Top of pagePrevious messageNext messageBottom of page Link to this message  By Erich Bruckner, Vancouver, WA on Thursday, May 29, 2014 - 06:37 pm:

Roger, most of the NH parts will not directly fit. One has to get creative with restoring what is there.


Top of pagePrevious messageNext messageBottom of page Link to this message  By Mike Walker, NW AR on Thursday, May 29, 2014 - 06:45 pm:

Roger -- Some NH parts will interchange, but as Erich says, not all of them will. I just buy up good-looking cores when I get the chance, hoping to get a fairly good one.

The only piece that's often a problem is the spray needle. With many years of use, they usually get a groove worn in them where they contact the seat. You can file and polish the end of it to get a good seal again, but sometimes that has been done too many times and they're now too short.


Top of pagePrevious messageNext messageBottom of page Link to this message  By mark aden on Thursday, May 29, 2014 - 07:15 pm:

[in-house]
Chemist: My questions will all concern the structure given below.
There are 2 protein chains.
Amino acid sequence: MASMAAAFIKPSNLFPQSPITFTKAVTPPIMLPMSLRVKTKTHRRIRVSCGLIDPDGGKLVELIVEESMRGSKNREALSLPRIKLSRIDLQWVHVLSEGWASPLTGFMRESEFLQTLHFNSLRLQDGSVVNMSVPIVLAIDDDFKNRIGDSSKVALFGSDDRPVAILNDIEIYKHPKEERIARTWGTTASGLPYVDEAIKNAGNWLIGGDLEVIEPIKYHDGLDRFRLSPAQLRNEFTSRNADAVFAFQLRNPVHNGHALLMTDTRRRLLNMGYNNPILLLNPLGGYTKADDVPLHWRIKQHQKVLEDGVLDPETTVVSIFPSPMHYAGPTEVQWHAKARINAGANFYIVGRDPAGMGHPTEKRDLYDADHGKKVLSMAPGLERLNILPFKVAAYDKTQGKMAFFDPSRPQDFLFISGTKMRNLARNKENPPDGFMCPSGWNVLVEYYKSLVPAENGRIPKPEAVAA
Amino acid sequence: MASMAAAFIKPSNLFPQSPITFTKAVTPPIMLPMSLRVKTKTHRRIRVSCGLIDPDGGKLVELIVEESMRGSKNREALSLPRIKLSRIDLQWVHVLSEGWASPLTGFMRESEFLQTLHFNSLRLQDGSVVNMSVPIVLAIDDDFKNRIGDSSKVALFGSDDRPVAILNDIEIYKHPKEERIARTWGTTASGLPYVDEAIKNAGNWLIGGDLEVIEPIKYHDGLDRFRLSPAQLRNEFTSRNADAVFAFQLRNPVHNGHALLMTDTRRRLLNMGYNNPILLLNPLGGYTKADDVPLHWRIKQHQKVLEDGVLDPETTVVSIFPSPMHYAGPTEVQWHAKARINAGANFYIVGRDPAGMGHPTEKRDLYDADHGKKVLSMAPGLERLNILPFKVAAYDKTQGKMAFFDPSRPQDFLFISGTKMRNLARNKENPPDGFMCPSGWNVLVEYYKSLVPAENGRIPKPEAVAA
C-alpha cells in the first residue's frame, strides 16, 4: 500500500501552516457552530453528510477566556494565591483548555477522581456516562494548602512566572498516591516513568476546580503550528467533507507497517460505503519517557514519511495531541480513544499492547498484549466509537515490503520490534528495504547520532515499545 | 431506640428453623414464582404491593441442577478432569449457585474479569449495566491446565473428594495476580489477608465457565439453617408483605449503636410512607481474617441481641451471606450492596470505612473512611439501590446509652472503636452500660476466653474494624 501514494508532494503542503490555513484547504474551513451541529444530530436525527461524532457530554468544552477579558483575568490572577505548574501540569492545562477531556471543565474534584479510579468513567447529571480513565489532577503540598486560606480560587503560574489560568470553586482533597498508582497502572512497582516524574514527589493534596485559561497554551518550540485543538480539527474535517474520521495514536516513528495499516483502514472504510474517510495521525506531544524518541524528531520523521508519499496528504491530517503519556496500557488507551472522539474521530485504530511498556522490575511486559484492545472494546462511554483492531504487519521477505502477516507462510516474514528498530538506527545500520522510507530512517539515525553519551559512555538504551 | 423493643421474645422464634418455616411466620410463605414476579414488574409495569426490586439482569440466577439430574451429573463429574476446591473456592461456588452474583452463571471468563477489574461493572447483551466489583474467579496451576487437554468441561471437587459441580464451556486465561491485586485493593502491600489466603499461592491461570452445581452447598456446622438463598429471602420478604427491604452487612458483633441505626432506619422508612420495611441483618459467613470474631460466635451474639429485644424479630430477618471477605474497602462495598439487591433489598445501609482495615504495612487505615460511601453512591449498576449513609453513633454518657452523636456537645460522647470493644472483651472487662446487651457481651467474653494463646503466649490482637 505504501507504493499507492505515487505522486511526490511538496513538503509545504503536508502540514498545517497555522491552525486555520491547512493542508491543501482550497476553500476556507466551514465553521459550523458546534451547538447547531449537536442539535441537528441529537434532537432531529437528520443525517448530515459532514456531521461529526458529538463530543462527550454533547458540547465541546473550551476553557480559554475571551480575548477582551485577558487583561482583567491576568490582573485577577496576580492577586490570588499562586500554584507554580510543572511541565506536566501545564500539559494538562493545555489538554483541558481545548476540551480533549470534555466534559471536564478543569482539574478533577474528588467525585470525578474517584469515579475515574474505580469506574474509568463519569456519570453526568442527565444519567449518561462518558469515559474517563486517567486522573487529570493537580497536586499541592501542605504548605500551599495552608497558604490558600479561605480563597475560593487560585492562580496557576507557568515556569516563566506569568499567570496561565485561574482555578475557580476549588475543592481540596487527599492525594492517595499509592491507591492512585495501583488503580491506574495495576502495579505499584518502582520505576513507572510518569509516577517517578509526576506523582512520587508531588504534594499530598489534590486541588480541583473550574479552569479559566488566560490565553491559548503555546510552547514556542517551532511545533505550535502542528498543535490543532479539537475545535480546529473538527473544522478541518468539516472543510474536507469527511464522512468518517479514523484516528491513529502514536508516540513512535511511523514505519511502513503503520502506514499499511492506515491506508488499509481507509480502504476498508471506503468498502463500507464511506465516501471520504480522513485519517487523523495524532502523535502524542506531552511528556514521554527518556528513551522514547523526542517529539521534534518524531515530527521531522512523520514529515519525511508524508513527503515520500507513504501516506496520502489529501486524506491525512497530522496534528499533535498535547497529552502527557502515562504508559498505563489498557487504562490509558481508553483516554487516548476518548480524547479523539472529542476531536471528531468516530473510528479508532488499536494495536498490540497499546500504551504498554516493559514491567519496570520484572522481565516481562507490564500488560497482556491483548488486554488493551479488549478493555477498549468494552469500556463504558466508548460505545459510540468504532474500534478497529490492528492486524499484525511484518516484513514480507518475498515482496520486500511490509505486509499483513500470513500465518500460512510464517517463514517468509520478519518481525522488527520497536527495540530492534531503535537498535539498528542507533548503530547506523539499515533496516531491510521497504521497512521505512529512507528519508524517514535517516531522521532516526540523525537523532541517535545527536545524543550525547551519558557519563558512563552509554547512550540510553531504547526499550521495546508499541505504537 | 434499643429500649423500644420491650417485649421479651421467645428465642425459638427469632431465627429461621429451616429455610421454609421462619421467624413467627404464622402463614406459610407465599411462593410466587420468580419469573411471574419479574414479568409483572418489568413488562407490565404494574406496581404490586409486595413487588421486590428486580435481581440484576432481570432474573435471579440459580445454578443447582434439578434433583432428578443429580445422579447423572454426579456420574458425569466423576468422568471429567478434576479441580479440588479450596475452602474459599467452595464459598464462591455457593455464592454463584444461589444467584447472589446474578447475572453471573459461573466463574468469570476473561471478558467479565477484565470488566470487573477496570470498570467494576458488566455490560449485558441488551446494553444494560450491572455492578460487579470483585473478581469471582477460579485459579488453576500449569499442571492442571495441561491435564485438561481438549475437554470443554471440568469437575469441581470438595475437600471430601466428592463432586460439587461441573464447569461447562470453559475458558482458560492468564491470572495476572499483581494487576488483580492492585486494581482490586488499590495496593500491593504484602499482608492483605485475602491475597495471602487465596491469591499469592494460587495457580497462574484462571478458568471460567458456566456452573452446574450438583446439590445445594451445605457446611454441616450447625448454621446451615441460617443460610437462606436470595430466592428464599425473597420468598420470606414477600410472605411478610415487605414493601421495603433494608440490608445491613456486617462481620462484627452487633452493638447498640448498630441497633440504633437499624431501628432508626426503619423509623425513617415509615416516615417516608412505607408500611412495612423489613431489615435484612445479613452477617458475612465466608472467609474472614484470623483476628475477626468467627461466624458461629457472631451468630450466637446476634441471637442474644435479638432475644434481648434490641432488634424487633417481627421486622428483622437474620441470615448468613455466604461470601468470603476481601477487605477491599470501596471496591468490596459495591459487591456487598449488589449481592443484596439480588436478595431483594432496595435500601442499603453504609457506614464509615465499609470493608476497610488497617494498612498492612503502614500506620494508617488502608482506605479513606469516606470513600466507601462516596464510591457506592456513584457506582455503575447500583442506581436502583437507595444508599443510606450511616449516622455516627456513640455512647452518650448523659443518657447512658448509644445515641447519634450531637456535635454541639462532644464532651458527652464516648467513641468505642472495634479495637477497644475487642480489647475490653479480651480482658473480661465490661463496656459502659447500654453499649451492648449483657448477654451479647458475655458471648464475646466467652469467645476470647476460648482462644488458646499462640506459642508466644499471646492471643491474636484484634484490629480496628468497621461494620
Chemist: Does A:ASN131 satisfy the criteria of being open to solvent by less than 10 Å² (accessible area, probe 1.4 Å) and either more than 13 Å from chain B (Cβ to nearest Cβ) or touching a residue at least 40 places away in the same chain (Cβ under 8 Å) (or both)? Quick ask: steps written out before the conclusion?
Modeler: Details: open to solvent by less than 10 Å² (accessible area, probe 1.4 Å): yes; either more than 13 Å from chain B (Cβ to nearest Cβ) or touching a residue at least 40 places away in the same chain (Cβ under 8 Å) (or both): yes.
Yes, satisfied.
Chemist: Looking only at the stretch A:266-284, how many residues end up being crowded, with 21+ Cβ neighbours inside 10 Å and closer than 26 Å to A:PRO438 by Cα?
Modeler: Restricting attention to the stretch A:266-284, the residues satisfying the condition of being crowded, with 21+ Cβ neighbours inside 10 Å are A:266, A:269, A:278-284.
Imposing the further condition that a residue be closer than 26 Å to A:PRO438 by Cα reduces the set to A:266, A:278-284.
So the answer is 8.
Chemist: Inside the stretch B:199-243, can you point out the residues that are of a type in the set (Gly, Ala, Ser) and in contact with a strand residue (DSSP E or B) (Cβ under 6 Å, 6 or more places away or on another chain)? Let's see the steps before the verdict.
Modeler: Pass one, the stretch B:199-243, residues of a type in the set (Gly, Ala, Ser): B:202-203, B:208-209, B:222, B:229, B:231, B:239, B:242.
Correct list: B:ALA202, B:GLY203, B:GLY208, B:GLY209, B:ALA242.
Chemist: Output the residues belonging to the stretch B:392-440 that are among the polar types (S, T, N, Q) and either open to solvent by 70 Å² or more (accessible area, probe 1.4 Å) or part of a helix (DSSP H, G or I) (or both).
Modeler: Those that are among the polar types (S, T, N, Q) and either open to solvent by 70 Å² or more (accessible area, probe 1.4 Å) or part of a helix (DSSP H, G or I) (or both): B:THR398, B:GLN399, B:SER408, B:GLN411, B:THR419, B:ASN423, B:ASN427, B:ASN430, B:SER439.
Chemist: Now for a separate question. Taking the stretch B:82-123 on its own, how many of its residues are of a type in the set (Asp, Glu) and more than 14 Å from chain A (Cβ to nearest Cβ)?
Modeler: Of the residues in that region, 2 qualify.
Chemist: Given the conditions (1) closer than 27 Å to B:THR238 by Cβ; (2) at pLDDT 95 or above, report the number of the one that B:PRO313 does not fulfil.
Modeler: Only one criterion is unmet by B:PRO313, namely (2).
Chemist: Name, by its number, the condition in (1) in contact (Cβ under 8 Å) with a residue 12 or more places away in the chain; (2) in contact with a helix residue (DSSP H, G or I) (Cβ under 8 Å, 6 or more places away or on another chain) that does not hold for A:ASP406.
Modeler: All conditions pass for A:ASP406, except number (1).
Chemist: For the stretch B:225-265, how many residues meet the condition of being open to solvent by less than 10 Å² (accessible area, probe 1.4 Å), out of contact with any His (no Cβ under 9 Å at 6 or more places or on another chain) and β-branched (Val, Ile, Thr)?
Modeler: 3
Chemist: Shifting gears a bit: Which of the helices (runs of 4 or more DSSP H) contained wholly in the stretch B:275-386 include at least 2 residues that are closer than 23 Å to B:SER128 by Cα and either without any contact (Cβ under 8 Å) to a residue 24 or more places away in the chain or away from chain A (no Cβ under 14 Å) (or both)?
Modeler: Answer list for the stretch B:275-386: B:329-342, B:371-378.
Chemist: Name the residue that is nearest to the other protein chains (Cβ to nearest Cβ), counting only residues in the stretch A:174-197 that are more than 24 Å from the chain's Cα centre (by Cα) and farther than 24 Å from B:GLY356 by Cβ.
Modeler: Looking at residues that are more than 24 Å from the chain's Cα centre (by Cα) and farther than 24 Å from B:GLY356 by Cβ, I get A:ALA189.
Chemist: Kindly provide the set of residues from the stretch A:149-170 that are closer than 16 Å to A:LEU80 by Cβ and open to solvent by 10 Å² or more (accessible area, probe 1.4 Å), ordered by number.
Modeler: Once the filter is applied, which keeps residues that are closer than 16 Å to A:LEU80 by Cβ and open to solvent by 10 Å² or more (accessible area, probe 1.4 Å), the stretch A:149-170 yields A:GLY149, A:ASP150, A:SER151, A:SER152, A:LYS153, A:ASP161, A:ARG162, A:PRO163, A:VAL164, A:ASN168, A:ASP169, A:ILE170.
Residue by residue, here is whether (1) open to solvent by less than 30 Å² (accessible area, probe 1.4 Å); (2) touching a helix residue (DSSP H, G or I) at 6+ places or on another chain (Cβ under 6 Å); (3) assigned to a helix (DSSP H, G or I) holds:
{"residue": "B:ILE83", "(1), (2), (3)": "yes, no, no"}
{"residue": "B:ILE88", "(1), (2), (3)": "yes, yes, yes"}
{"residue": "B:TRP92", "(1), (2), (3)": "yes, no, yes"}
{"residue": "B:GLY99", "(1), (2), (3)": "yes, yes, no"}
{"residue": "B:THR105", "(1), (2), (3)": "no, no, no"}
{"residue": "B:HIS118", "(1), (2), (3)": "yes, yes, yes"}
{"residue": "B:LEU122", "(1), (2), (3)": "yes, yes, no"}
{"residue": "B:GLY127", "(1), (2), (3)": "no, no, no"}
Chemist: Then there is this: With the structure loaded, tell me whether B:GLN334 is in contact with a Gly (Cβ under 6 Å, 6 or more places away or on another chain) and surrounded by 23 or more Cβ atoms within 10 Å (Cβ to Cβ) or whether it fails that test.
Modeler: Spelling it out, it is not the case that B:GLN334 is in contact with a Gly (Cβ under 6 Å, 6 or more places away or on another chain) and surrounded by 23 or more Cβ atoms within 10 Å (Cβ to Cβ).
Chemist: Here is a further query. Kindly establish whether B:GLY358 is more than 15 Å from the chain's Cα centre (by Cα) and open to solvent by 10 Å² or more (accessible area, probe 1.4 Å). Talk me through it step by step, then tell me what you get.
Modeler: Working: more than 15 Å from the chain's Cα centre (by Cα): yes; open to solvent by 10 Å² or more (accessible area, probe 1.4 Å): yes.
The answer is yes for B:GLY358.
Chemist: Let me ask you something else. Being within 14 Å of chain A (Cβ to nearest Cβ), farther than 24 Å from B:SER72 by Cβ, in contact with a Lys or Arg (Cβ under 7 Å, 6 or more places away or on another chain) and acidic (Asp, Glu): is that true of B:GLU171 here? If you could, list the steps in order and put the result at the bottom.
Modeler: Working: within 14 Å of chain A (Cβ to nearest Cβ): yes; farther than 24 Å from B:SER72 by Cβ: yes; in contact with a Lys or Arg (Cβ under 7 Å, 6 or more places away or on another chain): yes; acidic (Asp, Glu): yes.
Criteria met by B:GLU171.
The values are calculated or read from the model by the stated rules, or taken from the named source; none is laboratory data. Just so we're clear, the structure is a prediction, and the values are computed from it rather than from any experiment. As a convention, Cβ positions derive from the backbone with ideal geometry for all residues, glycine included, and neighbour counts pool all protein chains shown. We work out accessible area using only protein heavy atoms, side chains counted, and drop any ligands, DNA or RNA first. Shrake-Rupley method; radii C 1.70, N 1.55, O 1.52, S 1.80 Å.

Glad to help ,I have two fordsons with that carb,are you interested in selling it,would be nice to have a spare


Top of pagePrevious messageNext messageBottom of page Link to this message  By Roger Hallett on Thursday, May 29, 2014 - 08:00 pm:

Mark, I just sent you a PM


Top of pagePrevious messageNext messageBottom of page Link to this message  By Erich Bruckner, Vancouver, WA on Thursday, May 29, 2014 - 08:09 pm:

The little screw at the mating flange of the wizard was for a heating element to help vaporize the poor gas of the day. I would just plug that hole and keep electricity out of the picture.


Top of pagePrevious messageNext messageBottom of page Link to this message  By Clayton Swanson on Sunday, June 01, 2014 - 05:31 pm:

i have a wizard i'd like to try, it looks to be not wore out, but the spray needle is missing. with out one to look at, hard to make a new one! any body got an extra?


Top of pagePrevious messageNext messageBottom of page Link to this message  By Roger Hallett on Monday, June 02, 2014 - 01:31 pm: